THE BLOG

A New Israeli Judaism

07/11/2014 02:26 pm ET | Updated Sep 10, 2014

In a country where religion and politics are often mixed together, it would seem ironic that a new solution to the on-going conflicts in Israel, both the internal one between the religious and the secular and the external one between the Israelis and Palestinians, would involve a conversation about God.

But that is exactly what Micah Goodman is trying to do.

A rising star in Israel's media and spiritual renewal movement, Dr. Goodman, 39, had probably never imagined himself a candidate to bring different, polarized elements of Israel's society together to talk about loaded ideas like chosenness, Jewish power, identity, and its implications for the dead-locked peace process.

But with his easy laugh, keen ability to distill philosophical concepts, and his embracing of his varied background (Israeli, Jew, American, and strong spirituality -- his mom was once a religious Roman Catholic), Goodman is talking and Israeli Jews are listening.

"Now that we have real power," Goodman said in a phone interview from Israel, "it is time to strip Judaism of a theology of compensation-theologies that we articulated when we were powerless. Especially when we speak about being metaphysically different," he added.

He explained that since today Jews do have power, as Zionism has succeeded in establishing a Jewish state, the question is more about what to do with that power, how to mold the national character, and to dispense of this historic, compensational power.

"In the diaspora gentiles abused their power, and we needed to put ourselves on top. Zionism gave us power, and now we need to reduce ourselves," he said.

Today chosenness should no longer be about Jewish genes or blood, but rather about the practice of Torah. "This is what can be elevating, or exceptional," he said.

Goodman started thinking about these ideas when he set out on his own search for God. Raised in Jerusalem in an Orthodox family, he had spent most of his childhood trying to fit in and be "Israeli," which to him meant hiding his mother's non-Jewish past and his parents' American roots.

But when he was in his early twenties and started studying at the Hartman Institute and Hebrew University -- where he remains a scholar at both -- he discovered that many famous Jewish thinkers had gone through the same questions he had about God and Judaism like, 'are we alone in this world, or are we, in some way, guided or guarded? And other questions like "does the unique story of the Jewish people mean that we have a unique purpose in this world?"

In trying to get answers to his questions, Goodman initially spent years studying Maimonides' Guide to the Perplexed, a staple of Jewish philosophy.

"I always felt that within Judaism you can be very intelligent in all fields, but when you go into the synagogue you have to dumb yourself down. Maimonides never asks his readers to do that. In fact, this (religion) is where you are meant to use your intelligence."

Goodman's interpretation of Maimonides, published in a book called, Secrets of the Guide of the Perplexed, offered Israelis a rational Judaism that doesn't strip them of their intellect. For a culture that prizes rationalism, but is Jewishly starved, Goodman had found a spiritual antidote.

"Many people when they grow up, grow out of God. They feel they are faced with a choice: Either I have a God that's not mature or I mature out of God. Maimonides enabled our idea of God to mature, not keeping God in the second grade."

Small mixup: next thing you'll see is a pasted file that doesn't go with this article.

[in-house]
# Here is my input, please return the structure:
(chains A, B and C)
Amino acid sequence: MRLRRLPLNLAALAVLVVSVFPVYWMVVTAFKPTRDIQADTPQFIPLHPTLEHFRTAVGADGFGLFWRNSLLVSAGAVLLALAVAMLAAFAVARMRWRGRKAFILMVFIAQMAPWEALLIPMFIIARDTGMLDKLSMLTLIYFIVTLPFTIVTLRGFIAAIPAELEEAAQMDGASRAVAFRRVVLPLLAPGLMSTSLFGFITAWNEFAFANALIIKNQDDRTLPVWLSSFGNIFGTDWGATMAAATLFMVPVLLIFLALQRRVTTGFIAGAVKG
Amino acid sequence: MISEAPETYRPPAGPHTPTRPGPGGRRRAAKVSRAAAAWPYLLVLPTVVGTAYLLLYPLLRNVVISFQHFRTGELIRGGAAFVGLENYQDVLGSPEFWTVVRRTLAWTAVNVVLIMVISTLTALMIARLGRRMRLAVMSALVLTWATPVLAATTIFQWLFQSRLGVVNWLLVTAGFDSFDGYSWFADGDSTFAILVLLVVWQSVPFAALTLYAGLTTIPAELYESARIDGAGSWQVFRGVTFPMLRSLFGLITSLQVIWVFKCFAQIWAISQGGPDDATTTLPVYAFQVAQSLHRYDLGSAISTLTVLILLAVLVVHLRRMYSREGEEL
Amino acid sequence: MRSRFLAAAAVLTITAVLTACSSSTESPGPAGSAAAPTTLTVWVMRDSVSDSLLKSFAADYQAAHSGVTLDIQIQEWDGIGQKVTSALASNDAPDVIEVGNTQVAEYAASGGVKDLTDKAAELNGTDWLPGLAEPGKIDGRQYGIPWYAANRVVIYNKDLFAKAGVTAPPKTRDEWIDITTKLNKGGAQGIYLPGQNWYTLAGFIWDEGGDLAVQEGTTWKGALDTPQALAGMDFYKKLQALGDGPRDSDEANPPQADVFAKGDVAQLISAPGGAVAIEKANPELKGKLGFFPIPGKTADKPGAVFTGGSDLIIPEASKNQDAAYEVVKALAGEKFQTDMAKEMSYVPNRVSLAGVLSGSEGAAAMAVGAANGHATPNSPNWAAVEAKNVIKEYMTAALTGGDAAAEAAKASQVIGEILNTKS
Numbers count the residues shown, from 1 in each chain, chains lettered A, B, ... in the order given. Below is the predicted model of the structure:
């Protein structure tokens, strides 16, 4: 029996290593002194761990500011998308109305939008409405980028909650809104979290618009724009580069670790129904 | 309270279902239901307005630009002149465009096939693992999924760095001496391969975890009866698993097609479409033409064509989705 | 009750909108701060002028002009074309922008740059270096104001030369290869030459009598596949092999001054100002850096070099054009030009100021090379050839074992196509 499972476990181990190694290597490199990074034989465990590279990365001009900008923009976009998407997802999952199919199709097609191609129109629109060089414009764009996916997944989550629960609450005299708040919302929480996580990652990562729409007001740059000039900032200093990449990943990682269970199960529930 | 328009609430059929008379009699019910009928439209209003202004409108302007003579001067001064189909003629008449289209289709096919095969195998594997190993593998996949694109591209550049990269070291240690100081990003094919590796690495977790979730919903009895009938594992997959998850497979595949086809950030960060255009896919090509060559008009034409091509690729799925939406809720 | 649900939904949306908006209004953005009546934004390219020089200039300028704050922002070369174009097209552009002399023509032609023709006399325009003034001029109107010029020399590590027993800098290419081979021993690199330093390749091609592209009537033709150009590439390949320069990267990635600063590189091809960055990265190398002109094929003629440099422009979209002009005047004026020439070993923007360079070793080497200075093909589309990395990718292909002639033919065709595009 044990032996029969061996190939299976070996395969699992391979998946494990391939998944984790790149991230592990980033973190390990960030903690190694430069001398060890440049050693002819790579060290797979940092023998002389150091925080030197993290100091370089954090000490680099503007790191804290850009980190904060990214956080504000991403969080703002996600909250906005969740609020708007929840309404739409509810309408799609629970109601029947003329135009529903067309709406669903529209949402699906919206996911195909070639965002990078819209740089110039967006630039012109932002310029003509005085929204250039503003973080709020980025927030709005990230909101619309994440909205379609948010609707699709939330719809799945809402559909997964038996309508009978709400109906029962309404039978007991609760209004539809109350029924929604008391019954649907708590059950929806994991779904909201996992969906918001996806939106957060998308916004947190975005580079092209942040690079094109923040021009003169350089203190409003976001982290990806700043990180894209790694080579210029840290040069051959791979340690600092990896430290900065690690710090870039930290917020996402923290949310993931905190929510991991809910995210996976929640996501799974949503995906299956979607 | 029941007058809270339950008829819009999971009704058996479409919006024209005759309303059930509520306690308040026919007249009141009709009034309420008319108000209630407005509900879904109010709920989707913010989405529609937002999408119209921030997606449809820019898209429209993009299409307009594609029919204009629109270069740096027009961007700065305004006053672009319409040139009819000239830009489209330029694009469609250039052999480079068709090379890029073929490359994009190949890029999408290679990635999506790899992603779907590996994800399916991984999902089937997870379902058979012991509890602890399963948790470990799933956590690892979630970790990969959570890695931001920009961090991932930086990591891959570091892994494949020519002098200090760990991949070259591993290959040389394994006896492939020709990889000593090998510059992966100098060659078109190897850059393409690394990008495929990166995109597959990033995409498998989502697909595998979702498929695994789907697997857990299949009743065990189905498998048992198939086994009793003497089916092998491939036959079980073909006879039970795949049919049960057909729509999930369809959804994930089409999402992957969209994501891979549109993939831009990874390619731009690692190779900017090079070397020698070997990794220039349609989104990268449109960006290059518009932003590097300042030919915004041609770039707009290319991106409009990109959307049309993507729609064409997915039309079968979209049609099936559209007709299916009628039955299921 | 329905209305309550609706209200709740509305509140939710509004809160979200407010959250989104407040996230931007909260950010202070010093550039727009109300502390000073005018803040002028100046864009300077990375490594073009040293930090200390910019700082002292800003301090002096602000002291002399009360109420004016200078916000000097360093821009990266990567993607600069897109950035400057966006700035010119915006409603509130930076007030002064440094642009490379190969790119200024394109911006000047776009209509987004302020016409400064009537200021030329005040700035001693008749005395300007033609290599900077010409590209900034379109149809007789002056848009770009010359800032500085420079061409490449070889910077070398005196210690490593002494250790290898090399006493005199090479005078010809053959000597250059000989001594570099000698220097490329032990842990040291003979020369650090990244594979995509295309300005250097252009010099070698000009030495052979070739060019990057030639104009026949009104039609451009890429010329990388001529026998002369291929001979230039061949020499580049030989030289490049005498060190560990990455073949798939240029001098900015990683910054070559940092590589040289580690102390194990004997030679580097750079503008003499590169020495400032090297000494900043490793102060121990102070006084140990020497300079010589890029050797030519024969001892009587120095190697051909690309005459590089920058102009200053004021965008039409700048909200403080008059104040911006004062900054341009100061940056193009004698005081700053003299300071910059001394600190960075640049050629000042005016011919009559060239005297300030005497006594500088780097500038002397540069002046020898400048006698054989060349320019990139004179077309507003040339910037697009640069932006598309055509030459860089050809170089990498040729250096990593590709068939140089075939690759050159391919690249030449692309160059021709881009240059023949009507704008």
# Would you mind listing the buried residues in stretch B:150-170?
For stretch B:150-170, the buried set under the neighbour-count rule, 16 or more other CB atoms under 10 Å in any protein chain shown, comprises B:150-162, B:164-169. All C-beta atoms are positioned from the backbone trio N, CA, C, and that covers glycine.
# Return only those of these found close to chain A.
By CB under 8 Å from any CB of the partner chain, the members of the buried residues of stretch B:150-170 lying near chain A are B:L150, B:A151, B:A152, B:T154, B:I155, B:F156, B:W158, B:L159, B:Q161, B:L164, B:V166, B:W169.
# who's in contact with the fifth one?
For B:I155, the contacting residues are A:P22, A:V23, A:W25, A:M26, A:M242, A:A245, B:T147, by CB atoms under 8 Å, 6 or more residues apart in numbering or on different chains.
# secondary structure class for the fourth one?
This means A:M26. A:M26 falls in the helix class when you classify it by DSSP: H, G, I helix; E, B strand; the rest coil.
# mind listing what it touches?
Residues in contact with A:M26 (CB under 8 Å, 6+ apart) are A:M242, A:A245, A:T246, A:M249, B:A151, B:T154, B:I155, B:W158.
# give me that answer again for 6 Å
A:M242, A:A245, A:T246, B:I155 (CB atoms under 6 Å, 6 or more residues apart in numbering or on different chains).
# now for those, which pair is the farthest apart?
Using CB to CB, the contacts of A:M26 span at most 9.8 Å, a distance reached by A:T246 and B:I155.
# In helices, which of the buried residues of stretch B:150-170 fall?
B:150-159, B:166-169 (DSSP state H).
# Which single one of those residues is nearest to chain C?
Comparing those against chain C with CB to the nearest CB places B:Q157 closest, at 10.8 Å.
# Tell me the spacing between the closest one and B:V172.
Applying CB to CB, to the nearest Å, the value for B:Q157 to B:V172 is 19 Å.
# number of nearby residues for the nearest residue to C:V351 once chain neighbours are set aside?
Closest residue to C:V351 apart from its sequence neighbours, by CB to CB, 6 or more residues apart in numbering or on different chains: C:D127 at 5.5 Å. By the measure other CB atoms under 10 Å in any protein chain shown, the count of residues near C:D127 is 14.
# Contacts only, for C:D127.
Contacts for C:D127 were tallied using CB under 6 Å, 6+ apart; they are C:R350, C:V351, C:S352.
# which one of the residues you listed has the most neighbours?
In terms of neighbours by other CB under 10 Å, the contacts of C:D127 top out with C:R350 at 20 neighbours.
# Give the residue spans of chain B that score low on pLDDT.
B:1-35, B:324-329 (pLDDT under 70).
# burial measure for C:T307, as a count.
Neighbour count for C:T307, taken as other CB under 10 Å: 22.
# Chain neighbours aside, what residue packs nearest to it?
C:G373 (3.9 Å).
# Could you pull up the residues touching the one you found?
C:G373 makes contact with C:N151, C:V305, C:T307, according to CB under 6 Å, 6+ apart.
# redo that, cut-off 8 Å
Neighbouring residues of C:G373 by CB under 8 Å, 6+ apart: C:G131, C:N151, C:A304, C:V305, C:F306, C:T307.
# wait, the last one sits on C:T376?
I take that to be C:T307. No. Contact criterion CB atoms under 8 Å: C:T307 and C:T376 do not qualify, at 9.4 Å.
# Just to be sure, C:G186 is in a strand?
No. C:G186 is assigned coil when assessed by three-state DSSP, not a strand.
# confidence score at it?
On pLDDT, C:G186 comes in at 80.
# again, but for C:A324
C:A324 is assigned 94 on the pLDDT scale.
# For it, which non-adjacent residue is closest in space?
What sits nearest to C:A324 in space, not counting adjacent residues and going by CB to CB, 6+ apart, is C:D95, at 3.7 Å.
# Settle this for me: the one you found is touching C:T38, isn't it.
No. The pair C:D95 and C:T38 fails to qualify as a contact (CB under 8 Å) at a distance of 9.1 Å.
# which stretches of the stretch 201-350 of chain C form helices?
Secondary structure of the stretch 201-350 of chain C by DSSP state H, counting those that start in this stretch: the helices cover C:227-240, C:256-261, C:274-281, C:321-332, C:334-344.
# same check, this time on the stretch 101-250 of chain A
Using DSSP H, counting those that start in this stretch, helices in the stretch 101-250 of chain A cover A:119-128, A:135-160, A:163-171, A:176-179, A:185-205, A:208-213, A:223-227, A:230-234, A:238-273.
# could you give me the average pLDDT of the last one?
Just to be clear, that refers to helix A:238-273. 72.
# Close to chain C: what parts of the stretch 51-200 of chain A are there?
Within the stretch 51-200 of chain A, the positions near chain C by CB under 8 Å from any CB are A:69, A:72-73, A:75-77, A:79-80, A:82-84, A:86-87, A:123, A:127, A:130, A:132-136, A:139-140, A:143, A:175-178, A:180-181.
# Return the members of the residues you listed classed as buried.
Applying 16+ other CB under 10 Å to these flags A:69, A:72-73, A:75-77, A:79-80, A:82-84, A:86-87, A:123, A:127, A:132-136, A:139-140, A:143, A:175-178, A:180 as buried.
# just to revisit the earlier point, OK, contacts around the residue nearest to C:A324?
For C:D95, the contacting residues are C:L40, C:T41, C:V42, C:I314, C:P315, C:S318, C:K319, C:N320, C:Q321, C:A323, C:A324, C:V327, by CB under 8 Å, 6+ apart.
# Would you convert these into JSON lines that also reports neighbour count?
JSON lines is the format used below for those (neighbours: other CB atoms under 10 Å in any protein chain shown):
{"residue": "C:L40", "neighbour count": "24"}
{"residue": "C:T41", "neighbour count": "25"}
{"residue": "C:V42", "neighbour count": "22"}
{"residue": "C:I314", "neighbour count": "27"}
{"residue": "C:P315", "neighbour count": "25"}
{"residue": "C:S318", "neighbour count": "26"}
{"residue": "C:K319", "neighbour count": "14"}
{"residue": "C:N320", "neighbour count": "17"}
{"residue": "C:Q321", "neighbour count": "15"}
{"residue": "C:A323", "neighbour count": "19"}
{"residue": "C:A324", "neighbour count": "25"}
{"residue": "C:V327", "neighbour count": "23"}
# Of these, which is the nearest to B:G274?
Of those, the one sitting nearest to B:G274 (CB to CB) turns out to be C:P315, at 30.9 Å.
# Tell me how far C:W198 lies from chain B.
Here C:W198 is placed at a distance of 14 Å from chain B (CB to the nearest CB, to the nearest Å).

Although he witnessed his bestselling book tap into this Israeli dichotomy, Goodman felt he hadn't given Israelis the full scope of the Jewish idea of God. So Goodman set out to show what the argument for irrational Judaism would look like, one filled with the power of imagination so that it could trigger religious excitement. (Though, he warned, in Jewish theology an image always remains false.) It is also in this book that he reinterprets the idea of chosenness.

While his second book further catapulted him into the limelight, it also earned him criticism from Orthodox scholars. Some critics felt that with his reinterpretation of chosenness he sold out one of Judaism's foundational ideals to Western values such as racism.

Despite the criticism, Goodman's rise as a scholar and spiritual voice remain a force to be reckoned with -- he just co-won a national $40,000 prize for religious tolerance. And not just because he is able to think and teach in both depth and scale outside the Orthodox box, but more than that, he has captured the soul of the young, Israeli generation that is searching for spirituality and for a new Zionist, Israeli identity.

"Micah understands that the renewal of Judaism can happen most deeply in Israel, where everyone can gain access to the Jewish book shelf and where life-and -death experiences lead to an elemental spiritual hunger," Yossi Klein Halevi, an Israeli author and journalist, wrote in an email.

Goodman has created a place for this new movement at his leadership academy, Ein Prat. Starting in 2006 with a handful of young religious and secular Israelis, today Ein Prat has over 300 graduates annually. But the most compelling argument of Goodman's success and insight into the future of Israeli society lies in the creation of three communities that the alumni have started as an outgrowth of their Ein Prat experience.

"Micah is, in his very being, a bridge between Israel's cultural camps," Klein Halevy added.
"He offers non-Orthodox Israelis admittance into a traditional Jewish conversation while respecting the Jewish integrity of their non-Orthodox identity. At the same time, his insights into Judaism are so original and profound that he's earned the respect of the more open parts of the Orthodox community, which cannot dismiss him as a mere popularizer," Klein Halevy said.